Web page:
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Internet domain names in Indian languages soon

Press Trust of India  |  Kolkata 

Getting an Internet name in English is pass, now get ready to have it in your own regional language.

and Numbers (ICANN), the non-profit corporation with the responsibility for Internet's Name System (DNS) management worldwide, has been on the job to support names in numerous languages spoken in India, including the 22 scheduled languages of the country.

"Work is on for nine Indian scripts - Bengali, Devanagari, Gujarati, Gurmukhi, Kannada, Malayalam, Oriya, Tamil and TeluguThese scripts are expected to cover many different local languages," head told

ICANN has been working towards building the rules for secure and stable definition of the top-level domains for scripts used globally, so that people with no knowledge of English are able to go online and access the websites with the domain names completely in their languages.

For example, one can enter the domain in Hindi to get Hindi content, instead of typing a domain name in English for this purpose, which is the current practice.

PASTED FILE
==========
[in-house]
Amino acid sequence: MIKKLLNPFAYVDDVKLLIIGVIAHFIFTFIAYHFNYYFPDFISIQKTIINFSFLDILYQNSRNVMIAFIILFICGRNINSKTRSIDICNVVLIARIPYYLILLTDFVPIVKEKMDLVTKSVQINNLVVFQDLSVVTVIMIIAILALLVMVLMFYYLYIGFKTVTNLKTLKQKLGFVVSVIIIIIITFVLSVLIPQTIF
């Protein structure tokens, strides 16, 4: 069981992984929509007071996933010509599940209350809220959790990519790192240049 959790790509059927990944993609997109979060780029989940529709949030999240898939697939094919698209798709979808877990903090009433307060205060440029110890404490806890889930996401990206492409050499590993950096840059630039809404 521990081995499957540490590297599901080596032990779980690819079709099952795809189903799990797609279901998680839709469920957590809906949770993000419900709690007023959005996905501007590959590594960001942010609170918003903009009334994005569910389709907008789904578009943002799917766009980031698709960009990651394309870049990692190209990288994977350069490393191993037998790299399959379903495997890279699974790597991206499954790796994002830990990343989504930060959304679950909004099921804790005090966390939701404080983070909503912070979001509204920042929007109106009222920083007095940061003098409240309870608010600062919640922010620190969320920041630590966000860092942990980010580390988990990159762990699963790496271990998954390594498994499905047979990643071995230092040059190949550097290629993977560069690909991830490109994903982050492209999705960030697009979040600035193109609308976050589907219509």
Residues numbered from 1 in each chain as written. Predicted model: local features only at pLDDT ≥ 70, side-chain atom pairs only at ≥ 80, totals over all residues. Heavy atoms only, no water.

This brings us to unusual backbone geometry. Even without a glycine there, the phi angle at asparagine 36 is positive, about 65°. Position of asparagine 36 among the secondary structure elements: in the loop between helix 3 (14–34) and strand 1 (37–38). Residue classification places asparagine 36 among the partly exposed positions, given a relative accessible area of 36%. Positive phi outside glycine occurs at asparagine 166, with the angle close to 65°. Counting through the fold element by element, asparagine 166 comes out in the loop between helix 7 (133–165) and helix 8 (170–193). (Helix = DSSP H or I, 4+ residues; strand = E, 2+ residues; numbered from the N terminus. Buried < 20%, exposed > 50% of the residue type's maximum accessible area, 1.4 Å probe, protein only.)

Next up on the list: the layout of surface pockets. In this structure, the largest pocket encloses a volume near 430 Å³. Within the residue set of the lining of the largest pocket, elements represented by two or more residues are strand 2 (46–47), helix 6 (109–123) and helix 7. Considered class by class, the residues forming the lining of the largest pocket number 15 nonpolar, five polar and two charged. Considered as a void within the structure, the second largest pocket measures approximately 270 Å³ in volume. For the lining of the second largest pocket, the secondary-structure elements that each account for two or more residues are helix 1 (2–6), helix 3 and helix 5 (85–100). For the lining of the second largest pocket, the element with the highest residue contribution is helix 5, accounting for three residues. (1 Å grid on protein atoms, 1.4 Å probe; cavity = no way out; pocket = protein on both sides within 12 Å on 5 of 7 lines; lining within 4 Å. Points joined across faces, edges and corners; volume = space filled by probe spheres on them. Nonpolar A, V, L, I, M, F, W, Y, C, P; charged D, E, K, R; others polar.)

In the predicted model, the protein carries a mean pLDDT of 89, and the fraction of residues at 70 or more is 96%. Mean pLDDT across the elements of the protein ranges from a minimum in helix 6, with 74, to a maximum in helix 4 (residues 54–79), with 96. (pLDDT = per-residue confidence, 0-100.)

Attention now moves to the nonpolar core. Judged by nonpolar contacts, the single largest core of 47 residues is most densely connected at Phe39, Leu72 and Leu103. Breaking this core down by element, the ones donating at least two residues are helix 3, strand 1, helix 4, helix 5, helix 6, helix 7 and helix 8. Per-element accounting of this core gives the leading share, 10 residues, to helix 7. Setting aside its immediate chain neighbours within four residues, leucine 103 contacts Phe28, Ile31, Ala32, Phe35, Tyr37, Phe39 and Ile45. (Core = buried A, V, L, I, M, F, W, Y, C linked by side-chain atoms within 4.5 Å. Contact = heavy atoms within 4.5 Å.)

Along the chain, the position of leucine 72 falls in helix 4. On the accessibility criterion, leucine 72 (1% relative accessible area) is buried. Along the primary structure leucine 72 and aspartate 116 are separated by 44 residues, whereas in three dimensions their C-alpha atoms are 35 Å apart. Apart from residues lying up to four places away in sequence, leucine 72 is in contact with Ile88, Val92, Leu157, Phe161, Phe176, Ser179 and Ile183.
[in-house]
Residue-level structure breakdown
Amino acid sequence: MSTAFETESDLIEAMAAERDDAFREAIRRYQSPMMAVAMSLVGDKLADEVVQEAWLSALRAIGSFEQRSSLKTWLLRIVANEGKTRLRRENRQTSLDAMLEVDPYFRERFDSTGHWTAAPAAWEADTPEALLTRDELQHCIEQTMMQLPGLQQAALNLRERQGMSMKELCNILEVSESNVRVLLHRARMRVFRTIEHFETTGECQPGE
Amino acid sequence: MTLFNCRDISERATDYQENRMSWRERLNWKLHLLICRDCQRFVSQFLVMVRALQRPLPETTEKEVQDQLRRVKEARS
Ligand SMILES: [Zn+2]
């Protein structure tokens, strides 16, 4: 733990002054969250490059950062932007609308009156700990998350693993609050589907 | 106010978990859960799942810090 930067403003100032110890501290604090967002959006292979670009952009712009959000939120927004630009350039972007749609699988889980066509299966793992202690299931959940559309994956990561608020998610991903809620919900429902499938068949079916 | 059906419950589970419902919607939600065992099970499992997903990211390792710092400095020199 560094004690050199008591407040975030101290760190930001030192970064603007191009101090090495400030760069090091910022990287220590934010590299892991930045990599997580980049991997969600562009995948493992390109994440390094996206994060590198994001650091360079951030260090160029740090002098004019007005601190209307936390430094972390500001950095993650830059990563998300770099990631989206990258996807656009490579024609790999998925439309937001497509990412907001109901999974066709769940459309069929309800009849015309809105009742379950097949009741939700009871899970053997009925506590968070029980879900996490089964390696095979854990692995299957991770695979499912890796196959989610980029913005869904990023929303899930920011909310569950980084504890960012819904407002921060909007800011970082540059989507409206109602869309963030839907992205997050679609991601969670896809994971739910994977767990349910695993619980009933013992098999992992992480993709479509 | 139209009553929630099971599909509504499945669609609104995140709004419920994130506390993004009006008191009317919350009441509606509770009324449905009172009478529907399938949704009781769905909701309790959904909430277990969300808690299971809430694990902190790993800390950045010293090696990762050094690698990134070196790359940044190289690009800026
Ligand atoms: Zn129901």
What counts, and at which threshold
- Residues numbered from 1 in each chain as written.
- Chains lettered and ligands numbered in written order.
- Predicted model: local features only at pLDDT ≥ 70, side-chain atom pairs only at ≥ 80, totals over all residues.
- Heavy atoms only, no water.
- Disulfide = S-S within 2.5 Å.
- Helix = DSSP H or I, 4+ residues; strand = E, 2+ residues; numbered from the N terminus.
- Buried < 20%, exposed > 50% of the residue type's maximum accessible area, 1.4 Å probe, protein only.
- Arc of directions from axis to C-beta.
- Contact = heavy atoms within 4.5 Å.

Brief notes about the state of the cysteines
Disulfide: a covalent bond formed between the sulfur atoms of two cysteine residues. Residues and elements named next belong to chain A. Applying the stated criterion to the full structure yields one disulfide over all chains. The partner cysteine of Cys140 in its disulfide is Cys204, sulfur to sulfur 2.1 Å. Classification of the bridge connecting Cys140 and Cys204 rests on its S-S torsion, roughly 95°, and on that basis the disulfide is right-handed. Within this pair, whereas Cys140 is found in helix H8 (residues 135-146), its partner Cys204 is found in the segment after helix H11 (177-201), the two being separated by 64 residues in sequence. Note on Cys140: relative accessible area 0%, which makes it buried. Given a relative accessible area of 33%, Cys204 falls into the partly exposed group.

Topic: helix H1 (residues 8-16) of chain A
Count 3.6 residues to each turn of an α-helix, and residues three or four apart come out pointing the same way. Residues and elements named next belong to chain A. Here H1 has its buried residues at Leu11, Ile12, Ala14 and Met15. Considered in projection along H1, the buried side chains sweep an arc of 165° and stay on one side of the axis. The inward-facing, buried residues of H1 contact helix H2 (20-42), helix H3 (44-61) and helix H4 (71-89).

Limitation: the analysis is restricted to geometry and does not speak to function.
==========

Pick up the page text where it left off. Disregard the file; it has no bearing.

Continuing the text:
About 52 per cent of the world population have access to Internet now and ICANN is contributing towards bridging the digital divide, he said.

"Many of the remaining 48 per cent are non-English speaking people and those who do not have the ability to type in EnglishThe work will allow domain names to be available for these people in their languages," the head said.

When asked that searching content in regional languages is already possible in and other search engines, he said the current effort is focused on enabling the domain names in regional languages, which in turn would enable the system to publish local language content being searched.

"This work for defining rules for the domain names for languages spoken in is underway with a dedicated community based panel," he said.

The Neo-Brahmi Generation Panel, as it is called, consists of more than 60 technical experts and linguists from India, Bangladesh, Nepal, and Singapore, where these languages and scripts are used, Gupta said.

The proposals for six scripts - Devanagari, Gujarati, Gurmukhi, Kannada, Oriya and Telugu - are already released for public comment.

"One can review these proposals and provide comments by visiting," he said.

Currently there are 4.2 billion globally which may rise to 5 billion by 2022, Gupta said.

(This story has not been edited by Business Standard staff and is auto-generated from a syndicated feed.)

First Published: Sun, August 12 2018. 09:05 IST